Delta & KLM Route Launches

Following the recent launch by Delta of London Gatwick – Boston from 22 May 2020, Delta is to also launch a new summer seasonal route from Rome to Boston from Friday 22 May to 8 September 2020.

Delta has also confirmed that its summer seasonal route from London Heathrow to Salt Lake City will operate year round from Sunday 19 December 2019.

KLM is to launch a three times weekly service from Amsterdam Schiphol to Austin from Monday 4 May 2020. Flights operate on Monday, Thursday and Saturdays and will be operated with Airbus A330-300 aircraft.

All of these routes will be codeshared with Virgin Atlantic.

Given the relatively significant presence of Thomas Cook in Manchester on North Atlantic routes, which is a “focus city” for Delta & Virgin Atlantic, it would be surprising if there isn’t a competitive response from them to the liquidation of Thomas Cook.

Also of note this week:

Last week we reported of some tactical BA transatlantic cancellations in early October. Presumably due to the cancellation of the planned BA pilot strike, these have since been reinstated.

Amtrak launches non-stop rail services between New York and Washington DC. (CNBC)

The Central Park Conservancy has unveiled a $110 million plan to renovate the northern end of Central Park, New York. (New York Times)

Virgin Hotels is to open a new hotel in the Brickell district of Miami. The hotel will feature a three storey rooftop space and pool. Construction of the property by a third party developer, which will also include residential apartments, is expected to start next year and the property will open in 2023. Other Virgin branded hotels are due to open in Dallas, Nashville, New Orleans and New York. (Virgin)

Late post publication updates:

[Reserved for updates throughout the day.]

The Atlantic Update is published every Wednesday at 06:00 BST. If you have any comments, suggestions or tips then please drop us a line at mail [@] londonairtravel.com

Monday Briefing – 23 September 2019

Welcome to our weekly briefing on air travel in London and around the world, as published every Monday at 06:00 BST.

London Air Travel » Page 2

The first personally escorted air tour, from New York to a world heavyweight boxing contest in Chicago, organised by Thomas Cook in 1927.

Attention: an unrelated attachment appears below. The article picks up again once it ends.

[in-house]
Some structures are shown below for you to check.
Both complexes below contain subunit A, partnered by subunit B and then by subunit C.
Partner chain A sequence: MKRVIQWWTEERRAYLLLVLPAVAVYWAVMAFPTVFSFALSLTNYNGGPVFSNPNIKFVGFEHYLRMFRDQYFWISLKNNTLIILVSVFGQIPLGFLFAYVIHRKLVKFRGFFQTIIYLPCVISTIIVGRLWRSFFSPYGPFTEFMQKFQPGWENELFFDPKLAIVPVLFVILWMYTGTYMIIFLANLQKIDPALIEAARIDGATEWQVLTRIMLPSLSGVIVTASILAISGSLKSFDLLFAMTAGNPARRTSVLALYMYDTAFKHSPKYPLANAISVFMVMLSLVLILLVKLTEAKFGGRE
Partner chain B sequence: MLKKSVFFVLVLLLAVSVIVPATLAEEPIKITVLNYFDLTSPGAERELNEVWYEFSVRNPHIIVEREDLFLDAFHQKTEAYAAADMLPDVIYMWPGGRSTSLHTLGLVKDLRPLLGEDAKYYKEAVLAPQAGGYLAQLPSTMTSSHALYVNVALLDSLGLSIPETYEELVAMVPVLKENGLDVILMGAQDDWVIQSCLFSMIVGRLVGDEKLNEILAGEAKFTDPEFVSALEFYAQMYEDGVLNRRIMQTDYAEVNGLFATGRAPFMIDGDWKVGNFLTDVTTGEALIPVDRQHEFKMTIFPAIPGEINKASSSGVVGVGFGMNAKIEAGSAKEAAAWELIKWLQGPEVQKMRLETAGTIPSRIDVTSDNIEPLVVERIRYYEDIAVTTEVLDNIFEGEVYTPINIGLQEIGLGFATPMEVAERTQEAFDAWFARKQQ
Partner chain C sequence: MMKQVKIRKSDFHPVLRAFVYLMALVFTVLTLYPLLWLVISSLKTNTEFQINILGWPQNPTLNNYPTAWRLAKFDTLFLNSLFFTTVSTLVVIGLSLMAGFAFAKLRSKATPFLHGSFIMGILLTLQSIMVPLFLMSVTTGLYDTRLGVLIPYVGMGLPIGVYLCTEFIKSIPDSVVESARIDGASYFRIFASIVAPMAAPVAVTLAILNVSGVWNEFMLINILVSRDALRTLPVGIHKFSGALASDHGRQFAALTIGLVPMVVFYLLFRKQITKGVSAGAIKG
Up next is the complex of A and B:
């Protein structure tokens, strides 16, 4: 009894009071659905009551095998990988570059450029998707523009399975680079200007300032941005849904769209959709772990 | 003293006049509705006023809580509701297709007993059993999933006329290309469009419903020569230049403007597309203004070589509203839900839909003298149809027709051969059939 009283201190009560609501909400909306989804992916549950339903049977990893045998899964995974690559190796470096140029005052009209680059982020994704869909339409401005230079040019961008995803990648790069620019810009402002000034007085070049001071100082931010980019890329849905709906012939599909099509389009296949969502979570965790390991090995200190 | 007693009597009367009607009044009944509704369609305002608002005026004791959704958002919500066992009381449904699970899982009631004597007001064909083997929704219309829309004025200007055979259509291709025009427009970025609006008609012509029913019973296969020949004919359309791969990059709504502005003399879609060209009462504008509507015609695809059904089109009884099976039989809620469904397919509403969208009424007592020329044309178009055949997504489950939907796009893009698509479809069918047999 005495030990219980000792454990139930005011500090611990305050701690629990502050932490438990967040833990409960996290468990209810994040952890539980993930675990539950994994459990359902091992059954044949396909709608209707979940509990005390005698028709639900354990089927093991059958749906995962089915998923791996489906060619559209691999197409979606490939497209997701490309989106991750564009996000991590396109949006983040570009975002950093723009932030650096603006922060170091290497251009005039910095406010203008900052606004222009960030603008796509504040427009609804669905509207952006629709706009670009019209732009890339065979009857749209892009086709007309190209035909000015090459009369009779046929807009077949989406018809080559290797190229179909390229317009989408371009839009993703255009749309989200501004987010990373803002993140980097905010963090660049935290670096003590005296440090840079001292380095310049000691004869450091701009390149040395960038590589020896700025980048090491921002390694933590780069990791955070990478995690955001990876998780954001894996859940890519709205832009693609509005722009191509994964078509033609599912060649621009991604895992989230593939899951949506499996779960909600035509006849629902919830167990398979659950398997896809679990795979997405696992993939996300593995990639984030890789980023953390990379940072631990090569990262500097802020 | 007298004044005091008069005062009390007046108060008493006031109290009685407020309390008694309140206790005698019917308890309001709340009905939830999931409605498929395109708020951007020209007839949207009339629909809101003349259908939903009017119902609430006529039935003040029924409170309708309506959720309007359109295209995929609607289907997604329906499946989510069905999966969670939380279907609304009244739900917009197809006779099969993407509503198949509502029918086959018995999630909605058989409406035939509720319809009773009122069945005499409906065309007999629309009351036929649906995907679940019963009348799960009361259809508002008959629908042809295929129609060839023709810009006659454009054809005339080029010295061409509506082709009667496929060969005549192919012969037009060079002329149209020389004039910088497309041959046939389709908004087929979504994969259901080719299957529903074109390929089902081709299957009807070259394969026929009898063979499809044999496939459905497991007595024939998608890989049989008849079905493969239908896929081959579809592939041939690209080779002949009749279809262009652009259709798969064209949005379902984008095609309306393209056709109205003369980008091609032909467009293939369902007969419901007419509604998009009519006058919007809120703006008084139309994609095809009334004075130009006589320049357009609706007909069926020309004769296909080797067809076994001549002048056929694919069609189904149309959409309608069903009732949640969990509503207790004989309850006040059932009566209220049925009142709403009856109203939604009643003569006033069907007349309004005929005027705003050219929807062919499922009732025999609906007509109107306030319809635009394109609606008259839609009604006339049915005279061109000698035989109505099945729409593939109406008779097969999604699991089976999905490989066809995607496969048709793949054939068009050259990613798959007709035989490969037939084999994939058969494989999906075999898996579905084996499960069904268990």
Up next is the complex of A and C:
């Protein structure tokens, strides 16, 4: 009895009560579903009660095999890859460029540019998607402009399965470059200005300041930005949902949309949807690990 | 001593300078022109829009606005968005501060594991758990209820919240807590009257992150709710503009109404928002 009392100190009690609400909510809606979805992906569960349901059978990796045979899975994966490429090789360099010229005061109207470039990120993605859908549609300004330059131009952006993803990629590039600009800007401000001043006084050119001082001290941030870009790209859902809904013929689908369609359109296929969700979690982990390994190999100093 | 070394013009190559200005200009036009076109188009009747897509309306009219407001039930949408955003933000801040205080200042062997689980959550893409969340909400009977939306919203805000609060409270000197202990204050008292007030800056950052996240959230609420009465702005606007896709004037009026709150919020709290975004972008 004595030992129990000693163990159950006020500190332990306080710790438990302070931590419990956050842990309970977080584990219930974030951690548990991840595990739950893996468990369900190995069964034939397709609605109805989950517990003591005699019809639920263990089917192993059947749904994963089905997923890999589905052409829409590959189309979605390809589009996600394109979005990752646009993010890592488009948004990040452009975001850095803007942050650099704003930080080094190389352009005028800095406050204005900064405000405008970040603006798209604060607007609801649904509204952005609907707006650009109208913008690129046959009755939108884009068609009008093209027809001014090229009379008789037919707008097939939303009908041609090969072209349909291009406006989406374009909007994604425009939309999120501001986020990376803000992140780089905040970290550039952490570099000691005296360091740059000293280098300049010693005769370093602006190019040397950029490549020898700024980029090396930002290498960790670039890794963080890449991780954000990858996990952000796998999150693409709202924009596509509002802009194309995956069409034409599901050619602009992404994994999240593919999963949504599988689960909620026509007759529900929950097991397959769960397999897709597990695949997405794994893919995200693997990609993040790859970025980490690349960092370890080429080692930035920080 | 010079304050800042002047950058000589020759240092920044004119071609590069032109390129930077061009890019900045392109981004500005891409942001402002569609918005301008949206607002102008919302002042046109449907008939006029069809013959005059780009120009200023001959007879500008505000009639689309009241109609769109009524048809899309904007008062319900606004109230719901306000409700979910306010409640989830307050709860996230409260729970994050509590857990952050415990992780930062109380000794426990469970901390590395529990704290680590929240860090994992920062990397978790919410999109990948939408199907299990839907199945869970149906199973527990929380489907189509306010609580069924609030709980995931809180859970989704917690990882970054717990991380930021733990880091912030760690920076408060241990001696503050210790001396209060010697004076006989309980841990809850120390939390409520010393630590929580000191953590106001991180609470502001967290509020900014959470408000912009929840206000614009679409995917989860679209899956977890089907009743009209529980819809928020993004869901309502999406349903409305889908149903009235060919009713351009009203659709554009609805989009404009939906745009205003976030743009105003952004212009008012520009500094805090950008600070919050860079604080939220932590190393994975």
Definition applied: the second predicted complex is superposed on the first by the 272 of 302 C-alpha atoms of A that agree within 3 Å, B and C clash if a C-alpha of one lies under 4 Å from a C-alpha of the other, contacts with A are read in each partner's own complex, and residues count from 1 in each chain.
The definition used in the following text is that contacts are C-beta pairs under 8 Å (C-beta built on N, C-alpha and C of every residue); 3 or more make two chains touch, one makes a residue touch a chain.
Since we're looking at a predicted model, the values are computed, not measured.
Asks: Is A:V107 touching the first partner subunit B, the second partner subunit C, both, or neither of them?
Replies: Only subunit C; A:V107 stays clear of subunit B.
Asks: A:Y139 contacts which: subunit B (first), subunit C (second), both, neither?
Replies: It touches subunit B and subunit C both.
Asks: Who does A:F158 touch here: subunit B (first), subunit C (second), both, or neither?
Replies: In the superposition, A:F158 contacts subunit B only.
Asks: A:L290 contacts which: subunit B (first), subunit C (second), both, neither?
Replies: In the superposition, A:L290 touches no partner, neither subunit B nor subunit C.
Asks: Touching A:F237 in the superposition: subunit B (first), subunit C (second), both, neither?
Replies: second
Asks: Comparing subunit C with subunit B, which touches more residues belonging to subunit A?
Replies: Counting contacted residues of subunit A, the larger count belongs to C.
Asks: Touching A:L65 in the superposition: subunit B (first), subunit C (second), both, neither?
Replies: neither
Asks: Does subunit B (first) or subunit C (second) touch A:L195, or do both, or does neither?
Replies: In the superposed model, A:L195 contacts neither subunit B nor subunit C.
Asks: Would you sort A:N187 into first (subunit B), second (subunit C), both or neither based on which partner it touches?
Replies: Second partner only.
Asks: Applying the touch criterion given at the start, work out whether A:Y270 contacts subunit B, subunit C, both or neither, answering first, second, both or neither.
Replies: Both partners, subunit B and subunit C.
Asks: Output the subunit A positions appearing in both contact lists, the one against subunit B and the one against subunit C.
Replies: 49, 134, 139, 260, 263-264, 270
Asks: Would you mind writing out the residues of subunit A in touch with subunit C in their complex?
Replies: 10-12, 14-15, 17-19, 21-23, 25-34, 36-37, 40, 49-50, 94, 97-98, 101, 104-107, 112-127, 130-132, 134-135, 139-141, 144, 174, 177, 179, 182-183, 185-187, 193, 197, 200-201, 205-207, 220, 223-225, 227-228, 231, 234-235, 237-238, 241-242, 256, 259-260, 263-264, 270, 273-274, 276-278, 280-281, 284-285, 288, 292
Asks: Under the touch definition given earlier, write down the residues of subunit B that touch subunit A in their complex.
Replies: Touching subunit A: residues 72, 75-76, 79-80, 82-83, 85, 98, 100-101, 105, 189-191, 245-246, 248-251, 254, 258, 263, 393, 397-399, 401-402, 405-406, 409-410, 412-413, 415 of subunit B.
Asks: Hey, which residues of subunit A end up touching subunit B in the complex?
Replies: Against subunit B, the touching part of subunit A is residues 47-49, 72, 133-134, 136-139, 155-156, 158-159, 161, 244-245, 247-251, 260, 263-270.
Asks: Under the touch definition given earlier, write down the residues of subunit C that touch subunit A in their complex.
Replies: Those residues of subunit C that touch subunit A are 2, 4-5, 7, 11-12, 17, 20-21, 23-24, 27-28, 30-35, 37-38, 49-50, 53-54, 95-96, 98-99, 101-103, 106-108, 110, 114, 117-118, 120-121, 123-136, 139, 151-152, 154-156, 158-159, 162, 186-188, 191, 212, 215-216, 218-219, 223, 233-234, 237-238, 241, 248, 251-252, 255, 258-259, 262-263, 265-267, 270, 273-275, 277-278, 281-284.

The first personally escorted air tour, from New York to a world heavyweight boxing contest in Chicago, organised by Thomas Cook in 1927. (Image Credit: Thomas Cook)

Welcome to our Monday Briefing for the week beginning 23 September 2019.

Thomas Cook

Thomas Cook Montage
Thomas Cook Montage (Image Credit: Thomas Cook)

Attention this week is of course focused on Thomas Cook.

At the time of “going to press” there has been no announcement as to whether the group has been able to secure new funding to enable it to continue to trade. Though, this may come in the early hours of Monday morning or at 07:00 BST before the stock exchange opens.

Update: Following the compulsory liquidation of Thomas Cook the latest news and guidance is available from the Civil Aviation Authority.

BALPA Calls Off BA & Ryanair Pilot Strikes

Airline industrial disputes are supposed to follow a familiar pattern.

A trade union secures a strong mandate for industrial action, a strike is called, a deal is done at the 11th hour and the strike is called off.

Neither pilot disputes at BA and Ryanair have followed this pattern. BALPA has unilaterally called off strikes at both BA and Ryanair even though there is no prospect of a settlement with either airlines. Ostensibly, this has been made in good faith but ordinarily this is only done when both sides are close to agreement. A combination of longer 14 day notice periods for strike action and EU compensation rules means that the financial impact of the BA strikes was felt as soon as the strike was called.

It’s hard to see where BALPA goes from here in either dispute as neither airline seems minded to reach a settlement. Though, in the case of BA the dispute is obviously holding back a lot of announcements.

Virgin’s Heathrow Ambitions